Upon visual testing, she was only able to count fingers across the room with her right eye, while she could see 20/400 (the big E) with her left eye. Her refractive error was determined to be approximately +10.50 D in the right eye and +8.00 D in the left. With this prescription in place, the child immediately noticed some improvement in vision, now able to see 20/200 with her right and 20/80 with her left.

This charming little girl has a very high hyperopic (far-sighted) prescription. Because she had probably been born with some degree of this refractive error the child had grown accustomed to seeing blurry. She knew no difference. Additionally, because her uncorrected refractive error had been present for some time before being diagnosed, her brain never developed neurons that gave her the potential to reach 20/20 or anything close to it. When ocular disease is absent and 20/20 can not be reached even with a spectacle correction, we call this condition Amblyopia. Amblyopia works on the principal that when one’s eyesight is blurred, the brain is never completely visually stimulated. Thus, the eye and brain are not able to develop visual neurons that are capable of seeing all the fine, detailed stuff. The good news is that if the refractive condition is caught early enough, the eyesight can be improved after being corrected with spectacle or contact lenses. An earlier diagnosis betters the chances of success, as the brain and visual system are dynamic and open to change when a child is still growing.

In this patient’s case, we chose to fit her in contact lenses instead of glasses as this would ensure that the child was visually corrected at all times without having to wear thick “coke bottle” glasses. Contact lenses are also the correction of choice if a significant power difference exists between the two eyes. We gave the mother a lesson on how to insert and remove the contacts then fit the child with a contact prescription that was slightly cut back on to allow her to adapt more easily to her new corrective lenses.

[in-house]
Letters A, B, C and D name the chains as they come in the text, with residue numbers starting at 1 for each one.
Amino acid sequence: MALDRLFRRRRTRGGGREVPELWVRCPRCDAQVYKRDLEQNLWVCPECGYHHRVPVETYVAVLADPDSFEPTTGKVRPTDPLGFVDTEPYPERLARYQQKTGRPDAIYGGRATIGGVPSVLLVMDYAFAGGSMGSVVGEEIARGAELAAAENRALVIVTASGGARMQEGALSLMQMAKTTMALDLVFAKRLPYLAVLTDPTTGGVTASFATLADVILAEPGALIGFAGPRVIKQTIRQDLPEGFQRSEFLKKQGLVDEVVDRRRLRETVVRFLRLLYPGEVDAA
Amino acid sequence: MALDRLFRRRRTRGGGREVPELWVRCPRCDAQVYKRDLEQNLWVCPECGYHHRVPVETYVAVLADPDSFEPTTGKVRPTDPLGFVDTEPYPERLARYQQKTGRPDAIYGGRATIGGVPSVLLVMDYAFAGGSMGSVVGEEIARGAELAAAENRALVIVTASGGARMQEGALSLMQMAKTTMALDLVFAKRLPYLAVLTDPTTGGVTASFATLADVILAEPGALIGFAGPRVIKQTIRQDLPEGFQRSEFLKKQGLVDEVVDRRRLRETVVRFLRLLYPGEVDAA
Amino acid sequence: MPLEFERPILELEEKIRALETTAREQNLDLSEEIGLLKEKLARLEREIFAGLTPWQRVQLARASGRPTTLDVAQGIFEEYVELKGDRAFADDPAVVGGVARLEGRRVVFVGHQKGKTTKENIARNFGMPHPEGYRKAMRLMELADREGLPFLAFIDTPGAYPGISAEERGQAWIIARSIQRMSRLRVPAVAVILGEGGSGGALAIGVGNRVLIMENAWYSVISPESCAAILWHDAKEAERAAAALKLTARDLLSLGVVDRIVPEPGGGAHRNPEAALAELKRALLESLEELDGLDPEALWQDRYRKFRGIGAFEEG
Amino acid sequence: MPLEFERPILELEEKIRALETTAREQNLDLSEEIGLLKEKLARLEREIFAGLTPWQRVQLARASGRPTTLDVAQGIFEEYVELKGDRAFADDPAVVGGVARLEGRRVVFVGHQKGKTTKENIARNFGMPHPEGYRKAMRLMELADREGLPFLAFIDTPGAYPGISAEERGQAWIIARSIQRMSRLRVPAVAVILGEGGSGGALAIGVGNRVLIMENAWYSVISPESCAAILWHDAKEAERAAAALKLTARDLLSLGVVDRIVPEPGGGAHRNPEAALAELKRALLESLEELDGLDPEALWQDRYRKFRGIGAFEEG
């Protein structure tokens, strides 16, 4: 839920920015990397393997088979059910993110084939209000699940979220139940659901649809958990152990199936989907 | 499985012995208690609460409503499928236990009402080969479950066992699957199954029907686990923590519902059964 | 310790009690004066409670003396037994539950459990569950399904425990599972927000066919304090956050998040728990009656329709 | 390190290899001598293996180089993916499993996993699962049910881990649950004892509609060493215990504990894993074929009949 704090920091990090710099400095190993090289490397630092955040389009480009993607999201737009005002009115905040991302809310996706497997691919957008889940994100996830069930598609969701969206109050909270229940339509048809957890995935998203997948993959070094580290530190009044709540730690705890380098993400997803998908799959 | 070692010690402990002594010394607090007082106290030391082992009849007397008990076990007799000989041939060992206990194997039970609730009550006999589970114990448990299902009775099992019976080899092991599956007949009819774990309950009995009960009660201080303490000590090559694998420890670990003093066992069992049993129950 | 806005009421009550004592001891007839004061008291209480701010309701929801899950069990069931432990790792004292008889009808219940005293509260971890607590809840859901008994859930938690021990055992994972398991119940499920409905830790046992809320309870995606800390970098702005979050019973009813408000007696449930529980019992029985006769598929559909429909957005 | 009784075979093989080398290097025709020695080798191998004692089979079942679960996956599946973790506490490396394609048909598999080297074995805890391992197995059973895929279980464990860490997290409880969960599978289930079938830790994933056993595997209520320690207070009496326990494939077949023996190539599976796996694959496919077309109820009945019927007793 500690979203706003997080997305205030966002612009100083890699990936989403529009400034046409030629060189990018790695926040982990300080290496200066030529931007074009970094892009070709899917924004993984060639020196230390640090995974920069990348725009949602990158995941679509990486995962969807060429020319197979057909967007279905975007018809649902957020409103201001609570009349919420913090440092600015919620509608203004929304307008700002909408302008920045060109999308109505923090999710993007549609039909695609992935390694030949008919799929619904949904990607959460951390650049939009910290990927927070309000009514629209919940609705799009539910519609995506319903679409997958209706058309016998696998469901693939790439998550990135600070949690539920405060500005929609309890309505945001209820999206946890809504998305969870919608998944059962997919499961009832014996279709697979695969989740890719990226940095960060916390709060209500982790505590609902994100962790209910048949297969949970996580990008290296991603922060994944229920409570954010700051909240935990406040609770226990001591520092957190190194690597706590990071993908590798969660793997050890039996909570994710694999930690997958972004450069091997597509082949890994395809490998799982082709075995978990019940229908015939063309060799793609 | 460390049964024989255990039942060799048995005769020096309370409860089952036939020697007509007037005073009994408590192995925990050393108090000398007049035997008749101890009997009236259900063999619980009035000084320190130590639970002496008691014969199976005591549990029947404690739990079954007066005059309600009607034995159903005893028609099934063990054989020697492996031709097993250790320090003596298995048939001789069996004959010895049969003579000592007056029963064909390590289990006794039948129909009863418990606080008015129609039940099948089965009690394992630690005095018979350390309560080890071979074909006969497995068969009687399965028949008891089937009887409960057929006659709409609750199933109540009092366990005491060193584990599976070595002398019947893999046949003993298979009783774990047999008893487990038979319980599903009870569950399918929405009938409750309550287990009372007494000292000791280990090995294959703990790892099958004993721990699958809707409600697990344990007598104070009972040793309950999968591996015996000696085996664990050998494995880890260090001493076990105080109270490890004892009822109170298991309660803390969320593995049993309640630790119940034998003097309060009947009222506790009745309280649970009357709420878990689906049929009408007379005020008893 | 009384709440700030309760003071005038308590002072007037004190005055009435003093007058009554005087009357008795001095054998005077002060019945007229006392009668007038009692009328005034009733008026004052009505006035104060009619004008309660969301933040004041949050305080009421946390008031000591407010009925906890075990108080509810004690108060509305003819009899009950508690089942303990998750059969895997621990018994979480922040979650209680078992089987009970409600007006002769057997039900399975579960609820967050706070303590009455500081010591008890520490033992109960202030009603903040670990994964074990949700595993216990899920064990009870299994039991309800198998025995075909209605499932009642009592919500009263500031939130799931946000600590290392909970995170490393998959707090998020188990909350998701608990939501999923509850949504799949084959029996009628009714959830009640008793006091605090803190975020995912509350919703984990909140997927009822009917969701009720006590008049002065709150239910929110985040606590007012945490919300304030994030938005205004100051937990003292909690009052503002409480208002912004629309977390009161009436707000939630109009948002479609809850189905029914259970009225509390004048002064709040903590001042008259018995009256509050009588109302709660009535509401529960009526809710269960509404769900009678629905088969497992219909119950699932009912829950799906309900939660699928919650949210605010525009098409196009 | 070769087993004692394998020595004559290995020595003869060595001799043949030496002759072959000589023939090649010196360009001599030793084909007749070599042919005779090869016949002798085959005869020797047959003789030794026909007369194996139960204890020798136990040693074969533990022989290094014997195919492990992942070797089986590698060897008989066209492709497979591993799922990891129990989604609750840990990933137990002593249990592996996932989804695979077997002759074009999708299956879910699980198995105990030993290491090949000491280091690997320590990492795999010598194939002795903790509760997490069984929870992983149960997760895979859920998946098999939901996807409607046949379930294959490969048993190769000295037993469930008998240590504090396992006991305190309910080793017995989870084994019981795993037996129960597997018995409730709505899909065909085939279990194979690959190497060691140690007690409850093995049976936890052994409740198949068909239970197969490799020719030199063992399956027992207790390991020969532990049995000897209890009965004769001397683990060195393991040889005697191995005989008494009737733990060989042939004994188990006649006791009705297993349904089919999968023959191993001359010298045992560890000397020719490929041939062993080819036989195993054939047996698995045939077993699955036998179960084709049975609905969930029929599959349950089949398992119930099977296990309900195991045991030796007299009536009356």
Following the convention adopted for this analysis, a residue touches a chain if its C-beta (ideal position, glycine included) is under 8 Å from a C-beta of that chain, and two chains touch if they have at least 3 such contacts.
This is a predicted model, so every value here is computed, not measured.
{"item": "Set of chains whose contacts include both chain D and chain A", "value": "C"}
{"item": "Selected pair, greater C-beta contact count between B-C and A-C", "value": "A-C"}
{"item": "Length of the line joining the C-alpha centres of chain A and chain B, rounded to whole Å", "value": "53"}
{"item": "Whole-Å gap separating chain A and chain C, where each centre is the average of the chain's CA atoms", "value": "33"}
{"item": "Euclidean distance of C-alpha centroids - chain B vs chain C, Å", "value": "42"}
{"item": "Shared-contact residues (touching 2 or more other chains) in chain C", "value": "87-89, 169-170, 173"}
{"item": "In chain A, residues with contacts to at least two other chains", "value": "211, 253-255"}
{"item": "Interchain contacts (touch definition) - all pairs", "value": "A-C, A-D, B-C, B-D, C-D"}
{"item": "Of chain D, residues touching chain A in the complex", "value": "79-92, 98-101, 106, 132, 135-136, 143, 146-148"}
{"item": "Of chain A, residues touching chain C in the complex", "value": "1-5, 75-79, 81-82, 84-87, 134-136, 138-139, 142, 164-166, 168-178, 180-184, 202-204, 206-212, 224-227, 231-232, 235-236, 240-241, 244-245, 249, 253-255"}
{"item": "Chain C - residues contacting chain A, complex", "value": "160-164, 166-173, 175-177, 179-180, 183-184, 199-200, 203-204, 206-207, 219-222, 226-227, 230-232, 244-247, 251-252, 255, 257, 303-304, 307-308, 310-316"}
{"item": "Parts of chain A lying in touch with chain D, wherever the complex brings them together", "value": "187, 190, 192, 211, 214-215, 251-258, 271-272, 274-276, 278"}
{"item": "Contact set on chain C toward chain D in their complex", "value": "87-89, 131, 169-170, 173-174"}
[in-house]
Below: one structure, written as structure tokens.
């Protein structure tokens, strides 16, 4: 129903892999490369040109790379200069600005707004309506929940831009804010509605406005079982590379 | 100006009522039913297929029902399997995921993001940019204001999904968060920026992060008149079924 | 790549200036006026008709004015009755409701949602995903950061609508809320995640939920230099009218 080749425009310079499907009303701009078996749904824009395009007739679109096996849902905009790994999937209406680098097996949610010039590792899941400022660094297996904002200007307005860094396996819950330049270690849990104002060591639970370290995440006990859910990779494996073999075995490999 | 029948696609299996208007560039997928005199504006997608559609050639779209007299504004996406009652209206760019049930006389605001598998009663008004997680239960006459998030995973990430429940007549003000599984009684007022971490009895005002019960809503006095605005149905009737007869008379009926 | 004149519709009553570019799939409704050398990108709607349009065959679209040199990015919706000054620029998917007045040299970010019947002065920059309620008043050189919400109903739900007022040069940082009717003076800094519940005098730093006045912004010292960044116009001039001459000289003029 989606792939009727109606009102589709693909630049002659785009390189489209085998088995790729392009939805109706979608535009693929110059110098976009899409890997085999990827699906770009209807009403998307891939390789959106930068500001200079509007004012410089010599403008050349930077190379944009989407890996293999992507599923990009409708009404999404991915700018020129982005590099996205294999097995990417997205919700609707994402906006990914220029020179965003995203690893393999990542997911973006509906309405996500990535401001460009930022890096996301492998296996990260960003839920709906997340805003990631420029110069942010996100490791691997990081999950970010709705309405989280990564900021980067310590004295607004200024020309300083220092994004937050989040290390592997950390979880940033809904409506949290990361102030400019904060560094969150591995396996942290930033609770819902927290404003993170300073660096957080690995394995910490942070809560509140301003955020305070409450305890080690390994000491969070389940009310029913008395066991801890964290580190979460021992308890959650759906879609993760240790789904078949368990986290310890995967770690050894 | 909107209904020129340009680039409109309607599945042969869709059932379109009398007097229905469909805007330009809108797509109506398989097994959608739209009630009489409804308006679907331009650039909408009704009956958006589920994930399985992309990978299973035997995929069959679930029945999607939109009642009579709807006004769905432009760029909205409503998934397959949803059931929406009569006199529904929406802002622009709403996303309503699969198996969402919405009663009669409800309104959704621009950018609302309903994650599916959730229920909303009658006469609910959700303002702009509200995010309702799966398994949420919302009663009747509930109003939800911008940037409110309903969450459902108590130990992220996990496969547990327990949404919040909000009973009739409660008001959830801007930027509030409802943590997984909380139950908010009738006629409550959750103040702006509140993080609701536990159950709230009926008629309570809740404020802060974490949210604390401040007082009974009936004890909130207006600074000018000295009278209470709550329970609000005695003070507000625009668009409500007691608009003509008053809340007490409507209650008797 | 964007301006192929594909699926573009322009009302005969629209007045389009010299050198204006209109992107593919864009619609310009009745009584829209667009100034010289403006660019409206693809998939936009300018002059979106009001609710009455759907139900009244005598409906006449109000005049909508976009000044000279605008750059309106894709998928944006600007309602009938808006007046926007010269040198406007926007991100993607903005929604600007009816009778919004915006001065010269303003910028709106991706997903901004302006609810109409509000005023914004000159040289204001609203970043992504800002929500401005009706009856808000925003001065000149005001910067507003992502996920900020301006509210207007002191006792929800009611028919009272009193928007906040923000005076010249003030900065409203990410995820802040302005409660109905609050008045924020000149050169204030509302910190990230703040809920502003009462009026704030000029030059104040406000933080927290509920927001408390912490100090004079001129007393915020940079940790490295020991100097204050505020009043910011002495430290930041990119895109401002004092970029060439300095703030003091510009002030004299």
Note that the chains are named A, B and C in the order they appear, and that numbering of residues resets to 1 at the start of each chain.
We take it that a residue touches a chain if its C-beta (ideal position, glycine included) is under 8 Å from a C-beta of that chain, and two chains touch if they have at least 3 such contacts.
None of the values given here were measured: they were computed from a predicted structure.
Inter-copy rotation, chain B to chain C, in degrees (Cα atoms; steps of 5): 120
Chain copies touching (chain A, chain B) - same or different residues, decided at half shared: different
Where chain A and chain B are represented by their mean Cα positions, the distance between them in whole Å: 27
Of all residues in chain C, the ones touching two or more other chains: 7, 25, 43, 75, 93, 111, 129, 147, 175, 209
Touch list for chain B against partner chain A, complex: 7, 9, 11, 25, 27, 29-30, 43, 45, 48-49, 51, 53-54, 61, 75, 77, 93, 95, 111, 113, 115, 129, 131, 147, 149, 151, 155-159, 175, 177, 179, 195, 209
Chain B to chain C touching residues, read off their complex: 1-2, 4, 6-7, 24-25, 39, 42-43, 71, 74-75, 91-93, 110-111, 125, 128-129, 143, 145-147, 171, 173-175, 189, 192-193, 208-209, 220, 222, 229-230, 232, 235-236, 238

Within a month, the child returned to our office claiming that she “could see the cats across the street now!” Both mother and child were excited at the progress she had seen. Her new visual acuities with her full prescription were measured at 20/100 in the right eye and 20/40 in the left. Almost a three-fold improvement!! The power of her lenses were increased to full strength and we will continue to follow-up with her every few months until her best potential acuity is achieved. If full improvement is not achieved with visual correction alone, we may consider patching her better seeing right eye to allow full stimulation of the left eye. Because the mother and daughter are diligent and compliant, the prognosis for her is good despite the measured progress it may take to get there.

This case demonstrates the importance of complete eye examinations at an early age. Uncorrected hyperopia, myopia, astigmatism, an eye turn, or a congenital cataract can result in amblyopia and permanent visual impairment if not treated early enough. Like with this little girl, she did not know to complain of her vision being blurry, because this was the only world she knew. We encourage you all to start thinking about your children’s eyes and set up an exam today.

 
Thanks for reading!!
 

  
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Welcome to our Blog!!

08-06-2010

Hello patients and friends,

We are excited to announce the addition of a blog to our web page.  Dr. Tasman hopes to keep you informed on interesting topics and the latest news in optometry.

We encourage you to provide us with feedback and ask questions when a topic interests you.

Thanks for your support!  More to come soon..

Dr. Stuart Tasman